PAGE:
Sorry Eamon but there are enough predators roaming rural Ireland already
OH My God! Rural Ireland, which hasn’t exactly been a walk in the park for any of us for some time, is rightly bunched now.
Eamon Ryan of the Greens wants to unleash packs of wild wolves in the countryside to help in the ecology war. He regards the countryside as a wilderness, more or less, but how is he going to keep the wolves out of the towns and cities? That’s what I want to know?
Listen here, Eamon, the countryside is no rose garden at the moment, but it hasn’t reverted to wilderness status yet. Nevertheless, our way of life is being steadily eroded before our eyes and we’re being left to die of genteel poverty, increasing isolation and broadband starvation. The last thing in the world we need in our weakened state is to have to contend with wild wolves as well.
Presumably, if they are re-introduced, we won’t be allowed to shoot them on sight. So, if we’re to have any chance of survival as a species, we’re going to have to learn to hurl a sliotar straight into the open mouth of a ravenous wolf, like our legendary hero Setanta. Those of us who are spatially challenged - even when trying to park a small car in a generously sized parking space - will have to learn instead how to run through the ubiquitous Spruce woods, without getting caught in a branch, like Finn MacCumhail, who, by all accounts, was faster than any Broadband.
When I heard the proposal first, I thought it was a joke, mainly because Eamon was beaming from ear to ear when he made the announcement. You’d think he had discovered the key to the preservation of the planet, the way he was acting. The idea of bringing back the wolves, apparently, is to invoke the law of the jungle in order to stop herds of roaming deer from damaging the young forests – the ultimate ecological strategy. I don’t know about you, but I’m on the side of the deer in this one.
Anyhow, as soon as I realised that this was no joke on the part of the leader of the Green party, I started to panic. The way things are going, there’s every possibility that the Greens will be in power before I die, and my first thought was to get to hell out of here – the countryside - before those ravenous critters – the wolves - start circling the ranch and howling to the moon. I couldn’t even imagine what every full moon would be like if we had to share the countryside with packs of wolves. I mean we’re cracked enough ourselves in the moonlight, without having to endure the wolverine howls as well.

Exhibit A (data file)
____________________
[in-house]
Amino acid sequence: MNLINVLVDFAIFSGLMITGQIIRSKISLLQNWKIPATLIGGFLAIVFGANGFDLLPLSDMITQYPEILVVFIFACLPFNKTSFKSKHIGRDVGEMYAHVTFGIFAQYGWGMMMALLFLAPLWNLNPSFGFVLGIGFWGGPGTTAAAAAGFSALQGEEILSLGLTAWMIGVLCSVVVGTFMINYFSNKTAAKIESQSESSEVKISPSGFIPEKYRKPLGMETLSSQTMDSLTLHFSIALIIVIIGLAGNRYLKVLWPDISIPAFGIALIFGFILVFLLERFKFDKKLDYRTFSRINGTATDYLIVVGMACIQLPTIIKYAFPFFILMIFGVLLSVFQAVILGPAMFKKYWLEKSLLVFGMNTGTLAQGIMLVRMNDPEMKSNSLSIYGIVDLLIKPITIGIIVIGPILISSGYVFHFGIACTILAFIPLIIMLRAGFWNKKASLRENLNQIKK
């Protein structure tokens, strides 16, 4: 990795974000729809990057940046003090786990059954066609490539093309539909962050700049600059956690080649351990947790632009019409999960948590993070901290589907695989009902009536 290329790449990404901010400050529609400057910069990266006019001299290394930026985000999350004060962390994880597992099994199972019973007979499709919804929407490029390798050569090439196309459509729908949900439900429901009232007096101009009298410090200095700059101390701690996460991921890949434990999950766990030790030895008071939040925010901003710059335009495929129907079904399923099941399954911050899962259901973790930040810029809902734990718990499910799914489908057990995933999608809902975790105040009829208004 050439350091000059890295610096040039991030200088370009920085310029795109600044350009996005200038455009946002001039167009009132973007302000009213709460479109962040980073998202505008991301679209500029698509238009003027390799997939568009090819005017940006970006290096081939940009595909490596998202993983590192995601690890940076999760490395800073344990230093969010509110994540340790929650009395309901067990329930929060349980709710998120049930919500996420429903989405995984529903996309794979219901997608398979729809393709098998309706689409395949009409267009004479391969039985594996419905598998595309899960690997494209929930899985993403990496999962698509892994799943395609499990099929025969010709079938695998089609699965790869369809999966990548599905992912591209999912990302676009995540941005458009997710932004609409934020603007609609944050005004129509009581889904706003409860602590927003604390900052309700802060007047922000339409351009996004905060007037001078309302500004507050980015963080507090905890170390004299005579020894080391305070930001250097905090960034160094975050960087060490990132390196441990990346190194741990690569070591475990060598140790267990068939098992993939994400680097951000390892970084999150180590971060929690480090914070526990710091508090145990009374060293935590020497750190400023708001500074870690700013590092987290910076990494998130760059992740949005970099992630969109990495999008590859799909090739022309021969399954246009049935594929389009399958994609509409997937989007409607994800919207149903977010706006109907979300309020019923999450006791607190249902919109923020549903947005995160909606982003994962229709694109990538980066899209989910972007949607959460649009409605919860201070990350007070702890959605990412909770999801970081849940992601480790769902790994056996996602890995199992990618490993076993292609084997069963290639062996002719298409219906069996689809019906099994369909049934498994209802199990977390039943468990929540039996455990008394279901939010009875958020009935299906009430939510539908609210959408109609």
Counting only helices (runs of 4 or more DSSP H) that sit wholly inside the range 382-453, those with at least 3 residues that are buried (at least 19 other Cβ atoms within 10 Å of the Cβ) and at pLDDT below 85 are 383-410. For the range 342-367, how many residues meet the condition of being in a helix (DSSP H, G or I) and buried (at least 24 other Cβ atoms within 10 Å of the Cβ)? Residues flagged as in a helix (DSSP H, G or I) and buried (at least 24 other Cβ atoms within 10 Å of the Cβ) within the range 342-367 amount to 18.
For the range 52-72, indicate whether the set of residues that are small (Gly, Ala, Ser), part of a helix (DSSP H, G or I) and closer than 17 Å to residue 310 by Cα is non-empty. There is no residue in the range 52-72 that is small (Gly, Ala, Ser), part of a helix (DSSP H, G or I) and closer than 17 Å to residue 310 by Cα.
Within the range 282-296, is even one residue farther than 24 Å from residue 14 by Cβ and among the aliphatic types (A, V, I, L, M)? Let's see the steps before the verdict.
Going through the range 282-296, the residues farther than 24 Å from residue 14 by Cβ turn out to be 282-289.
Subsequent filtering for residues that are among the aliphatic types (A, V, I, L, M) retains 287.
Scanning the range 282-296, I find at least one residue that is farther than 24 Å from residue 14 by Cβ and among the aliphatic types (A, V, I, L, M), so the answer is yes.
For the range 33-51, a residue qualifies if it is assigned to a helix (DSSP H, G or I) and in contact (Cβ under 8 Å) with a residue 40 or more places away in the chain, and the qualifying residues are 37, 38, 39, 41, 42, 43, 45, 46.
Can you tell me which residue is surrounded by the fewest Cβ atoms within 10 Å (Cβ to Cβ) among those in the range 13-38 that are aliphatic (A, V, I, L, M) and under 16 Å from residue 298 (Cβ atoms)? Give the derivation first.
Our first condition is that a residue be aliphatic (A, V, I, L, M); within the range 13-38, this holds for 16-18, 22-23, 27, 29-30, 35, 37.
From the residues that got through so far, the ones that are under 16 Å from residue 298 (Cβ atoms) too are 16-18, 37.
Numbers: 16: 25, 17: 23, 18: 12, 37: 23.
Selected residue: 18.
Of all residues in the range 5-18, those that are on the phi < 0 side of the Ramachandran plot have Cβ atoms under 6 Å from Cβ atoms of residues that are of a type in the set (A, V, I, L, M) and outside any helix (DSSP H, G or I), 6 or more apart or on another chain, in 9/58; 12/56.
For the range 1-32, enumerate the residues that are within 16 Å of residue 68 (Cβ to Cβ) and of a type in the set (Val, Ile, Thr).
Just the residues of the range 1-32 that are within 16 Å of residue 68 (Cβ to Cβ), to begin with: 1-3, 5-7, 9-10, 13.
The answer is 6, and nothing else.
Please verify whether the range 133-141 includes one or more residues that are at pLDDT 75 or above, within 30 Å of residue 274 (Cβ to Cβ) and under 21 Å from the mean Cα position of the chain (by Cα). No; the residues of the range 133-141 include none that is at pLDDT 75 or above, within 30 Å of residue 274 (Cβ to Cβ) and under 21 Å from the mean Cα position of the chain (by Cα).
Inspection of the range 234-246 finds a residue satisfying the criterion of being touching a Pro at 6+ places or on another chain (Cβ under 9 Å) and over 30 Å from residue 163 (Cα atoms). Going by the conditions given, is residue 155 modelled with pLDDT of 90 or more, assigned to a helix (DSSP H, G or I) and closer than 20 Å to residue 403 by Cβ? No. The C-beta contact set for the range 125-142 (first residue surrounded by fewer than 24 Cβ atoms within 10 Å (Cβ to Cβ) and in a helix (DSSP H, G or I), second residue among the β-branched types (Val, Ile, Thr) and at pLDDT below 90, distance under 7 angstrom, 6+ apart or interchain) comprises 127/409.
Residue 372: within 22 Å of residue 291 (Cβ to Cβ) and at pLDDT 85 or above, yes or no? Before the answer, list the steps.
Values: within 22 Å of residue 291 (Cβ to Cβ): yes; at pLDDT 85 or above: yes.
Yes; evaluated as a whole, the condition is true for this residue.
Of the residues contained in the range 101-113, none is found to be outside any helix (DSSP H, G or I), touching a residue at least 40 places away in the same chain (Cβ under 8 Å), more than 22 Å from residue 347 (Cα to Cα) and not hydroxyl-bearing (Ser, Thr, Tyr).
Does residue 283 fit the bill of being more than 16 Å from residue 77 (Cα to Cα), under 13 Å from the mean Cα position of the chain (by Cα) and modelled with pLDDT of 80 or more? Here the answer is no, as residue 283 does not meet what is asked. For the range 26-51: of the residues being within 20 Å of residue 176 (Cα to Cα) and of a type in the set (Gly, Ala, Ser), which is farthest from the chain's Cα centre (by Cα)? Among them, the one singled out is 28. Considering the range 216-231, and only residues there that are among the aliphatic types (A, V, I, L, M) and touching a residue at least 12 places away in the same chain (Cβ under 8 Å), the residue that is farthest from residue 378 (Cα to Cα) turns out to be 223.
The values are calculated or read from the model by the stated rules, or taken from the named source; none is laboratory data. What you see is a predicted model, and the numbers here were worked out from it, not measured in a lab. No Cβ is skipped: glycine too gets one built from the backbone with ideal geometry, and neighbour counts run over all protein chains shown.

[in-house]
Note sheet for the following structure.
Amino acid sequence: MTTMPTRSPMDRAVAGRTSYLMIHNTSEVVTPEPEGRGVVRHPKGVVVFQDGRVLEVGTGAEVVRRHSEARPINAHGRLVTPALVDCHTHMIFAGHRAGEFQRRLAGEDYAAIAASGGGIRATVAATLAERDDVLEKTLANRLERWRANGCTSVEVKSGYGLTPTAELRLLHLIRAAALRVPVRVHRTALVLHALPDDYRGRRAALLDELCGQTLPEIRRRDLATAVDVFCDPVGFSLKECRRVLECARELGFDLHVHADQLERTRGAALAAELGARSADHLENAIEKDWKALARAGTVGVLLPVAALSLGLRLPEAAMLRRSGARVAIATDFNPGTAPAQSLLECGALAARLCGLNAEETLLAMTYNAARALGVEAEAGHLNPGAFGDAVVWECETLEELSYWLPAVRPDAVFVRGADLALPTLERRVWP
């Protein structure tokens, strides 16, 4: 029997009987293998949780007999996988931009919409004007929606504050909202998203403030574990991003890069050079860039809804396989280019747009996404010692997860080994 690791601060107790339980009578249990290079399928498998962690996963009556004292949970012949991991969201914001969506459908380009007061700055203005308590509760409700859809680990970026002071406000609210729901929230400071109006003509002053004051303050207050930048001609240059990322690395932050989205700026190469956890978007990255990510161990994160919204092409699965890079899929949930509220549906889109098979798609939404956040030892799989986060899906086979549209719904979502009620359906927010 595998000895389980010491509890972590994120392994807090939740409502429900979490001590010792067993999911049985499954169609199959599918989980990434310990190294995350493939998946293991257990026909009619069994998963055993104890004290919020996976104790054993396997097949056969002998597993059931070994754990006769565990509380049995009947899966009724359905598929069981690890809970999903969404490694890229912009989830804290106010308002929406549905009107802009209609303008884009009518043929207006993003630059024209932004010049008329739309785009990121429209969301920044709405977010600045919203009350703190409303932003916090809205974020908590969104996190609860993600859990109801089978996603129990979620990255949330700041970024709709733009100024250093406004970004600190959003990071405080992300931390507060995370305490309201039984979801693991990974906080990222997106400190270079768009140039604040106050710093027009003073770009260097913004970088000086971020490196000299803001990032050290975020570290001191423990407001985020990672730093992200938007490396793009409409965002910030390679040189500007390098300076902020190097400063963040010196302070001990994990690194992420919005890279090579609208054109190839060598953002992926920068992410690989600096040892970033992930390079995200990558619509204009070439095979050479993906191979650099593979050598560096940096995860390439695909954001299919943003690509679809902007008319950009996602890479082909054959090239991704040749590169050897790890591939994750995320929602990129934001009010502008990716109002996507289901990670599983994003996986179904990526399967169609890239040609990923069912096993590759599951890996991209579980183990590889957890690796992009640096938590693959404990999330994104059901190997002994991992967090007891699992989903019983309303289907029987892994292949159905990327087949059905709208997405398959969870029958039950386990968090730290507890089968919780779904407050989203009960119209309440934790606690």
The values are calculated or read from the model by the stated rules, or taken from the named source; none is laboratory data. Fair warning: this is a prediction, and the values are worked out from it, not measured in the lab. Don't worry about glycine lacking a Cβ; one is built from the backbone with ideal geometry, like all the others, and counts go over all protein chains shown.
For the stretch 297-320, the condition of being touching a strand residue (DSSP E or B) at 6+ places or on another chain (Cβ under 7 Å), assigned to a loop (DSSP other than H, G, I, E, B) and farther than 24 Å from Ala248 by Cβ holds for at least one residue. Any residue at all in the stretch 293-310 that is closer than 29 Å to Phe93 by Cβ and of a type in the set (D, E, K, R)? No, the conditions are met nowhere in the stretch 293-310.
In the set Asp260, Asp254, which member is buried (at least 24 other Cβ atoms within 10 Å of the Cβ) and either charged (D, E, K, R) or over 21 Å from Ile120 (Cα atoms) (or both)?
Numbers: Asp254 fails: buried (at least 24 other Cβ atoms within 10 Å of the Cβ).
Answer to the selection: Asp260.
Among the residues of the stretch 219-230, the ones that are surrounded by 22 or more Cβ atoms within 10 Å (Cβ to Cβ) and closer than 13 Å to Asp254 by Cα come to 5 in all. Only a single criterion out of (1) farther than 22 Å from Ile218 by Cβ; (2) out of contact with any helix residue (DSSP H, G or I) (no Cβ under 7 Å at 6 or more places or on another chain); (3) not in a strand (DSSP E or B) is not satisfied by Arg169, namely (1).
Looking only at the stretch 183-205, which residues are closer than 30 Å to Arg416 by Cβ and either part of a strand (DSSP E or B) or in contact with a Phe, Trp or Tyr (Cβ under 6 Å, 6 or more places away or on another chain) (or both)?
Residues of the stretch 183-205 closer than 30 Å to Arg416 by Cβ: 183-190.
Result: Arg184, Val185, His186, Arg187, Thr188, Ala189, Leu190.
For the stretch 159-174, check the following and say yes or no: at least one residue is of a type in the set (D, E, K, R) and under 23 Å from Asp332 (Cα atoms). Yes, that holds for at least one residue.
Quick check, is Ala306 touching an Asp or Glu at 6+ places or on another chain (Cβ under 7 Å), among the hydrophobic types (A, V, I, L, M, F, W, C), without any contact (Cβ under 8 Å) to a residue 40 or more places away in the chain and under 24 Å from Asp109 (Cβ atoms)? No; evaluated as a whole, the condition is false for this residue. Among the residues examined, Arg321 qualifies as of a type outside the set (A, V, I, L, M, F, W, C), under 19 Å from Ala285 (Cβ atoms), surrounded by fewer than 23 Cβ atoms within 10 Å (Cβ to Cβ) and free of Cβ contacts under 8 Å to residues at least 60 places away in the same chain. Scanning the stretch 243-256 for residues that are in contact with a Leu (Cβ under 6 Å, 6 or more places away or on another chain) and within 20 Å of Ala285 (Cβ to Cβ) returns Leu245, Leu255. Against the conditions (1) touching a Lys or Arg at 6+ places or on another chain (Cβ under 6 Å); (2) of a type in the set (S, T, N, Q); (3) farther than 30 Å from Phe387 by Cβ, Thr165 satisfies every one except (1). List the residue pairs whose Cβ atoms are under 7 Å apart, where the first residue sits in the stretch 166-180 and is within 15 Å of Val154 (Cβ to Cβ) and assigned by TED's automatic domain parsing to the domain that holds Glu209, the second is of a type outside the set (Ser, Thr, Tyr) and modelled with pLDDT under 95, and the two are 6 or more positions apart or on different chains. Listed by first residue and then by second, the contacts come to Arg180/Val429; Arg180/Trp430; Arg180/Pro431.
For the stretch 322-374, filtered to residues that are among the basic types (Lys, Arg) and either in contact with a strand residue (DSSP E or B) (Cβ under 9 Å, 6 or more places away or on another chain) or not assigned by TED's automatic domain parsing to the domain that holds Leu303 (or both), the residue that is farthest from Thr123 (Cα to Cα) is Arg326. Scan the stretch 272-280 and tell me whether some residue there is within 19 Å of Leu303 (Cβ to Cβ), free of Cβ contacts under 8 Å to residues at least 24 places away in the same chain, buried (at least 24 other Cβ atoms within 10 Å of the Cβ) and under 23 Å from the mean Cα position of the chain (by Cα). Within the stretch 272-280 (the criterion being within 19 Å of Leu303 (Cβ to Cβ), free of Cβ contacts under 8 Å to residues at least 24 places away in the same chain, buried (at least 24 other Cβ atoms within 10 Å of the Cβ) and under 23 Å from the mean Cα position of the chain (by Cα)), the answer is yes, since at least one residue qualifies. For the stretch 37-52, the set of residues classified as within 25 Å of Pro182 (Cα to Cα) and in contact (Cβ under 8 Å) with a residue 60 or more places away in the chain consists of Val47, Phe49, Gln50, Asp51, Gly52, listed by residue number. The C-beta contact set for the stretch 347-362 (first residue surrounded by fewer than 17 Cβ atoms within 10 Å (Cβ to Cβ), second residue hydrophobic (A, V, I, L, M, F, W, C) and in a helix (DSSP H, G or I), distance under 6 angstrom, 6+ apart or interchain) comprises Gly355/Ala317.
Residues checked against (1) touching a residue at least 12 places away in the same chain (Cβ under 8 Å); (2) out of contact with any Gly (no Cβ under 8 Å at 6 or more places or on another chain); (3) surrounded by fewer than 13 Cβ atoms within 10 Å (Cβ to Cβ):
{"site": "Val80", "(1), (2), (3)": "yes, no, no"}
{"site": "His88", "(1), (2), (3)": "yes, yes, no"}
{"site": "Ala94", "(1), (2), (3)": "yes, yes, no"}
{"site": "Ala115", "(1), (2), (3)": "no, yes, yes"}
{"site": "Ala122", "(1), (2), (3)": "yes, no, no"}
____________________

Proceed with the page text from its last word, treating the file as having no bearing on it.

Now, I know we’ve always had an ambivalent relationship with wolves – a kind of a sneaking regard, if you like. But that, I would contend, is because we’ve forgotten what it was like to co-exist with them as they attacked our flocks and our children. They’re all very well in the wilds of Canada, Alaska or Russia, but we don’t have any place vast enough or wild enough to contain them. Before we’d know it, they’d be staking out the exotic gardens of Dublin 4 as well. But If Eamon Ryan thinks that a vast swathe of the Irish countryside has become an uninhabitable wilderness, then that’s an even scarier proposition.
Certainly, wolves roamed the Irish countryside for millennia and they still roam freely through our native mythologies. Cormac McAirt, the greatest Irish high-king ever, the man who drafted the Brehon Laws no less, was reportedly raised by wolves. Maybe we could use them to enhance our education system seeing that some our mythological wolves could speak with human voices, which isn’t that surprising either. We have a special affinity too with wolves because Cromwell was the one who first put a bounty on them and started the extermination process here. And you know how we feel about Cromwell!
For all that, rural Ireland now needs the re-introduction of wild wolves like we all need a hole in the head.
We have enough predators roaming the lands as it is, and anyway, the balance of nature always re-asserts itself best without any intervention from mankind. But whether he gets his way or not, someone should tell Mr Ryan that we, country dwellers, have come a long way from the days of living with wolves, mythological or otherwise. We’re all gentrified now and we’d much prefer our fluffy King Charles Cavaliers to any of Patrick Kavanagh’s ‘lean grey wolves’.
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